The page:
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Boston University SOP Review (M.S. in SLP)?


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I would love some constructive criticism in regards to my BU personal statement for the M.S. in SLP. BU is my top school. I've already edited this SOP a little bit, but I'm still stuck on my opening sentence. I can't come up with a really catchy opening line to captivate the audience's attention (at least that's how I feel). Nothing I try seems to work well enough for me. I'd love some suggestions and, of course, that criticism. Thank you!

Prompt: "State your career goal(s) and briefly summarize your major educational and vocational interests and achievements. Indicate the areas in which you expect graduate education at Boston University to have the greatest value for your future plans and goals. Include academic and/or practical reasons that you wish to attend our University. There is a 5,500 character limit on this essay."

Essay:

Grandma is definitely the storyteller in my family. Growing up, she told me countless stories about her life: she told me about the house she was born and raised in – the house I live in now; her life as a young girl, being raised on a dairy farm in a small town in Massachusetts; her time as a nurse in the Red Cross during World War II and the Korean War, and how she met my grandfather in Seoul, South Korea while he was on a tour with the Army; and, most importantly, about her family – our family – and our great history. I thought that Grandma would always be able to effortlessly tell me stories – that is, until she had a mini-stroke in 1999.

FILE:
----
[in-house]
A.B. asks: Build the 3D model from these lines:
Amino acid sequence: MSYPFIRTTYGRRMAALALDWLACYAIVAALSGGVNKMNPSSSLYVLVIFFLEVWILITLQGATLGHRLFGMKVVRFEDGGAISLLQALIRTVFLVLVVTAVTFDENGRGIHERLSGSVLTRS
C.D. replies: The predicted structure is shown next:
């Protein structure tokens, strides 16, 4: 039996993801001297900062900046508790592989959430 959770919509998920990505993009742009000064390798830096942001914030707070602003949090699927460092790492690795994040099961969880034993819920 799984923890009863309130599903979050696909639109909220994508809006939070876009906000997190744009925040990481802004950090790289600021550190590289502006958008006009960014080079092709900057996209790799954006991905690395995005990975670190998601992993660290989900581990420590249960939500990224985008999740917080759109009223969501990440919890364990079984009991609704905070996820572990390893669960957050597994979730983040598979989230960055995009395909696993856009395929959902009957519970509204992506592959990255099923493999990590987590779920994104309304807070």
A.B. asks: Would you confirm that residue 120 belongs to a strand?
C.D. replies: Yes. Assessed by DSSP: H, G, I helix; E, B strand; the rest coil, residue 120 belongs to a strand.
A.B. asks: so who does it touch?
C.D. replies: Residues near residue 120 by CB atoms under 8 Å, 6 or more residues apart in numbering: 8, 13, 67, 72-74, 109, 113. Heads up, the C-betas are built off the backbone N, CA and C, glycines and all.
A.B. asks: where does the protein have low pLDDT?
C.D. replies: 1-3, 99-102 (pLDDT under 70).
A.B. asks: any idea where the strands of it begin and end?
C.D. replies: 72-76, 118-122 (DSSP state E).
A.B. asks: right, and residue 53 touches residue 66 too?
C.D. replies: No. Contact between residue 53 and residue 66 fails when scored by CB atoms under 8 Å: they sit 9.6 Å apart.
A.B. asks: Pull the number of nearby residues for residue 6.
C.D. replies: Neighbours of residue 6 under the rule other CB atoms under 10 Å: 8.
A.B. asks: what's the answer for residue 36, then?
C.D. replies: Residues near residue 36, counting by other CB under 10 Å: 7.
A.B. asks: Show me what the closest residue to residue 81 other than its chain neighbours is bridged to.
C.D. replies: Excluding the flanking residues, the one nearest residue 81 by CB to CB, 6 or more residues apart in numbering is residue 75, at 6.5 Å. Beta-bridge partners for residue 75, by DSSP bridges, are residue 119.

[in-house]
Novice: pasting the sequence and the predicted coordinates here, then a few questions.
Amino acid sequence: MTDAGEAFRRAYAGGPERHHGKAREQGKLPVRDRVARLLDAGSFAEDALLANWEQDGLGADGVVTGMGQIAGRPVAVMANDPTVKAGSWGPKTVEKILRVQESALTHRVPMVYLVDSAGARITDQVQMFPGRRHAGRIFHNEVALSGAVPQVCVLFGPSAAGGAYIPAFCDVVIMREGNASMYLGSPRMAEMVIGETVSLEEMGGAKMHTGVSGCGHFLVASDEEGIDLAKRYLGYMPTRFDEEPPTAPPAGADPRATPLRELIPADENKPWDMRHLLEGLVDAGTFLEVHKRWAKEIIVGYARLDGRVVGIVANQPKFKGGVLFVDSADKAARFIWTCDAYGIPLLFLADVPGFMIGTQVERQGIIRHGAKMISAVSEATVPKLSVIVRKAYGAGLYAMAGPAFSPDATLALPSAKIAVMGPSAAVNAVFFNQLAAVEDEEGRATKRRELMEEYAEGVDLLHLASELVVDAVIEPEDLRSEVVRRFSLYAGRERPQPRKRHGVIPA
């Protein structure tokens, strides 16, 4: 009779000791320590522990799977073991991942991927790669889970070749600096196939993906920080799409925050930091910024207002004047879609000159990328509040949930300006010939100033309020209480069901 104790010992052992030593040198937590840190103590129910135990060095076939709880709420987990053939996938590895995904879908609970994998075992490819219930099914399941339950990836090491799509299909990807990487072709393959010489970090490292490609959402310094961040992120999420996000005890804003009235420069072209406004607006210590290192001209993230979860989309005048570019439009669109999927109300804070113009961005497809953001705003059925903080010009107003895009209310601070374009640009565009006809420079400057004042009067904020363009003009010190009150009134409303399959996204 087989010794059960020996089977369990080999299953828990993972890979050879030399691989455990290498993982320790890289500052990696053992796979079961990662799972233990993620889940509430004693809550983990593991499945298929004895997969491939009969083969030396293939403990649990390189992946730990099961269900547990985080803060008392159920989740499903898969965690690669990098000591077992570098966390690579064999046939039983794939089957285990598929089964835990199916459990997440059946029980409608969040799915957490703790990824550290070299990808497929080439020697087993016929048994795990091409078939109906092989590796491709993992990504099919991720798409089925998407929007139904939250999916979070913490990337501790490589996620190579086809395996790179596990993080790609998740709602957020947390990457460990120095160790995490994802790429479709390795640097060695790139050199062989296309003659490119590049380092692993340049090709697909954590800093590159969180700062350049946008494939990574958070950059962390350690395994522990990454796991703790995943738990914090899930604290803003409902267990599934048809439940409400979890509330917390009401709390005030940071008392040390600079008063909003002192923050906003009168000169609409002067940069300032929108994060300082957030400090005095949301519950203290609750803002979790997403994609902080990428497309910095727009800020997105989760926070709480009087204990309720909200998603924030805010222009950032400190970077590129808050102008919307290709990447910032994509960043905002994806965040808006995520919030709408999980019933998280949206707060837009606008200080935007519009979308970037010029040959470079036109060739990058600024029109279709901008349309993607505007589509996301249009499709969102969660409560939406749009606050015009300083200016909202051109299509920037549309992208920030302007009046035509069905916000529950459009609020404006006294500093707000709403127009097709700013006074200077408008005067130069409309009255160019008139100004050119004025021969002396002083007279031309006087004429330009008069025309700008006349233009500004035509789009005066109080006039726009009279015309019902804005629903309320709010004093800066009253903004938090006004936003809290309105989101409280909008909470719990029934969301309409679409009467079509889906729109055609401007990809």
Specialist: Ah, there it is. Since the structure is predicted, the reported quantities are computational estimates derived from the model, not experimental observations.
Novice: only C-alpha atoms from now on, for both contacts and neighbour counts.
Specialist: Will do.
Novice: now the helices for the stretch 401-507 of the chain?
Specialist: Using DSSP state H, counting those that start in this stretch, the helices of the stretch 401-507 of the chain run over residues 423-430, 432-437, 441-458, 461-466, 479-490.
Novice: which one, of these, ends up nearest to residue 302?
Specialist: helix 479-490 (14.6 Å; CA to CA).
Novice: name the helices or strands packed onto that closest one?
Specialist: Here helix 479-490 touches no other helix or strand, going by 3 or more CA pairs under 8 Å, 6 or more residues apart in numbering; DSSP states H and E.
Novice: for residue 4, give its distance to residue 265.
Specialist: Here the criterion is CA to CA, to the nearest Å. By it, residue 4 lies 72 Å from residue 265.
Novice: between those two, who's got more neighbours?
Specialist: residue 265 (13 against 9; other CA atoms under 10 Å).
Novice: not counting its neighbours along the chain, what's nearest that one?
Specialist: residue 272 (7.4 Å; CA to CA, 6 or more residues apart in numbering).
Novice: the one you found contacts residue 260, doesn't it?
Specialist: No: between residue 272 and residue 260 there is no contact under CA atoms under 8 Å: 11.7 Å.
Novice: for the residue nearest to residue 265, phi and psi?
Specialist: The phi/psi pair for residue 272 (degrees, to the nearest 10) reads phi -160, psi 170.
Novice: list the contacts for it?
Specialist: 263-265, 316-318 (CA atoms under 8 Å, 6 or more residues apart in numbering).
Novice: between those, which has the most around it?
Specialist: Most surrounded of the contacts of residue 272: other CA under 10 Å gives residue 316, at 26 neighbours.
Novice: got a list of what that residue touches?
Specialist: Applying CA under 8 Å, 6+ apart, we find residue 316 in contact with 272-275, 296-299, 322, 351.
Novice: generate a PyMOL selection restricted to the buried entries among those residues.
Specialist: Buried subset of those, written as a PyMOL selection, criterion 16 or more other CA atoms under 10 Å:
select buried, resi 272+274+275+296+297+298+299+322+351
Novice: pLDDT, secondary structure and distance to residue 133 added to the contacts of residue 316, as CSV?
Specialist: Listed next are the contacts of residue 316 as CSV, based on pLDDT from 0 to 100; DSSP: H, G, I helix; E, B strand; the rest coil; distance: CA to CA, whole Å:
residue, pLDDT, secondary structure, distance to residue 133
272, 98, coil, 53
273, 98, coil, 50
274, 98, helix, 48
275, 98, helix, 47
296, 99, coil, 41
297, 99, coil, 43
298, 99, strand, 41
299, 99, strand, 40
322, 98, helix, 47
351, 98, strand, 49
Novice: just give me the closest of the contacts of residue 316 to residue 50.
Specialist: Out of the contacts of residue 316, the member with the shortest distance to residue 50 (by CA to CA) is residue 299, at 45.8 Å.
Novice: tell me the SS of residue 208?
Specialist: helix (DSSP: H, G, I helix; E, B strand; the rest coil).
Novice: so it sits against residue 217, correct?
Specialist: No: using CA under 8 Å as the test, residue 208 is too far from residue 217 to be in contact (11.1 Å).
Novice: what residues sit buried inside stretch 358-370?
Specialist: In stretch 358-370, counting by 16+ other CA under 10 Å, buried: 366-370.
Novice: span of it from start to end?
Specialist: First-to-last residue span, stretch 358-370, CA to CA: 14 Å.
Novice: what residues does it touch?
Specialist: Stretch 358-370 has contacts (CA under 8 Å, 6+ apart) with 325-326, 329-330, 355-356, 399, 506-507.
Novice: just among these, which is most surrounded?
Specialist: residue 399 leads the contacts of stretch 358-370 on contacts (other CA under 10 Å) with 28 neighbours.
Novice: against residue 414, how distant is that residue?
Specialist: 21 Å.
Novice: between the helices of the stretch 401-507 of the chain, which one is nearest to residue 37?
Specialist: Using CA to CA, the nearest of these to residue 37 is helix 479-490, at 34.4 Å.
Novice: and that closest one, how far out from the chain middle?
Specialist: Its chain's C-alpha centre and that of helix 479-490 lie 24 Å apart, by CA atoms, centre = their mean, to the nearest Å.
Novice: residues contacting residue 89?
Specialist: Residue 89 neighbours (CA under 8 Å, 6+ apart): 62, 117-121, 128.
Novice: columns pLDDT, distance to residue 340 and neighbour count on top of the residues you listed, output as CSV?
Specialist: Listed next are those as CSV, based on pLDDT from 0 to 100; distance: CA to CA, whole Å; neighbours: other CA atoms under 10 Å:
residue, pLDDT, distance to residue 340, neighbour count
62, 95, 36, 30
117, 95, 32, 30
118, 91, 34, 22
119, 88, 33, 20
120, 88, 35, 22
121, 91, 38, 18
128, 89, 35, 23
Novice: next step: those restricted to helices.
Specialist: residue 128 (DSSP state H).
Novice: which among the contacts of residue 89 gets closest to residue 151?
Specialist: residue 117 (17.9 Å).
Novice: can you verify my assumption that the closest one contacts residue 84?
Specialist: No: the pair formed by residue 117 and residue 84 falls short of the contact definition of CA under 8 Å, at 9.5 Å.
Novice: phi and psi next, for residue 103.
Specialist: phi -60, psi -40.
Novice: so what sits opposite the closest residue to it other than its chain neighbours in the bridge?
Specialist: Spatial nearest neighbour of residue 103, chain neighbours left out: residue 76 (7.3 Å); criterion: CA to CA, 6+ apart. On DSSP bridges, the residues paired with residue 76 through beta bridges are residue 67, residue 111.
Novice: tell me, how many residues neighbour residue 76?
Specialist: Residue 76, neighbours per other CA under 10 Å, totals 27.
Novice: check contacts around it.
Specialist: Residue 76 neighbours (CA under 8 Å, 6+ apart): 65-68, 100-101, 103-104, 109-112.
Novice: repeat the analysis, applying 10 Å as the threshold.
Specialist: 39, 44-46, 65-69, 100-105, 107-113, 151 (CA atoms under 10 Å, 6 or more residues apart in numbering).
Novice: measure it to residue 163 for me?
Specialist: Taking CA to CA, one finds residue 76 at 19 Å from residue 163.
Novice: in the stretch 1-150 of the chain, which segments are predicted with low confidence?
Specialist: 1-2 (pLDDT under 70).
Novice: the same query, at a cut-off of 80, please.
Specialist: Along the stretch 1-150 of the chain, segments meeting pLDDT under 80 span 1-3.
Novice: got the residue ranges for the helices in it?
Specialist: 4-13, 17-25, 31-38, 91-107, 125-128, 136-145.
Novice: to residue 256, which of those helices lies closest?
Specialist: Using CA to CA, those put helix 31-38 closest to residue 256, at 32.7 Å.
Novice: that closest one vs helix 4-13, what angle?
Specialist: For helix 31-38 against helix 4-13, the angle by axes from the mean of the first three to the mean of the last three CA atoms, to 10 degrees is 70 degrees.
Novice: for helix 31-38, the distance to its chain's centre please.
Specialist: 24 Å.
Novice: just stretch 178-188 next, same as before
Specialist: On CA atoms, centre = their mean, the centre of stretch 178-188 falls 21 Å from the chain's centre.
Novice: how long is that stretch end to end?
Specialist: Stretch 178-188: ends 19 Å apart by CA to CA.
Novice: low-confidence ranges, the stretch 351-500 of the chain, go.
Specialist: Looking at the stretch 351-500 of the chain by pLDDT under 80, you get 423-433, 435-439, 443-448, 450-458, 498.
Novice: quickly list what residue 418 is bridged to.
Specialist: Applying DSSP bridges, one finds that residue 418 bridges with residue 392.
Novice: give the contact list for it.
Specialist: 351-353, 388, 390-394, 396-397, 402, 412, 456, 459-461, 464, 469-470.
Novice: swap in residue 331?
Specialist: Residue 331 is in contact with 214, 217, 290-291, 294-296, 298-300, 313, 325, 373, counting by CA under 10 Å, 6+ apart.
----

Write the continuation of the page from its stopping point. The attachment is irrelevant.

Transient Ischemic Attack, or TIA. That’s what Grandma had, according to the doctors. I was only nine years old at the time, so I didn’t understand the significance of this episode. It wasn’t until years later, as Grandma increasingly had difficulty with word finding and expressing her thoughts, that I began to comprehend what the doctors had been saying about her all along: Grandma has expressive aphasia.

Grandma often keeps to herself these days. At parties and family functions, she prefers to sit in the corner of the room and carry on a conversation with one or two people, while politely smiling at others as they walk past. Although speech therapy has always been available to my grandmother, she adamantly refuses it as only a supremely stubborn 91-year-old woman could. Still, we have made our own adaptations: I have become particularly adept at deciphering what Grandma is trying to say, and I can usually finish her sentences for her. Grandma still tells me stories – but at her own pace, on her own time.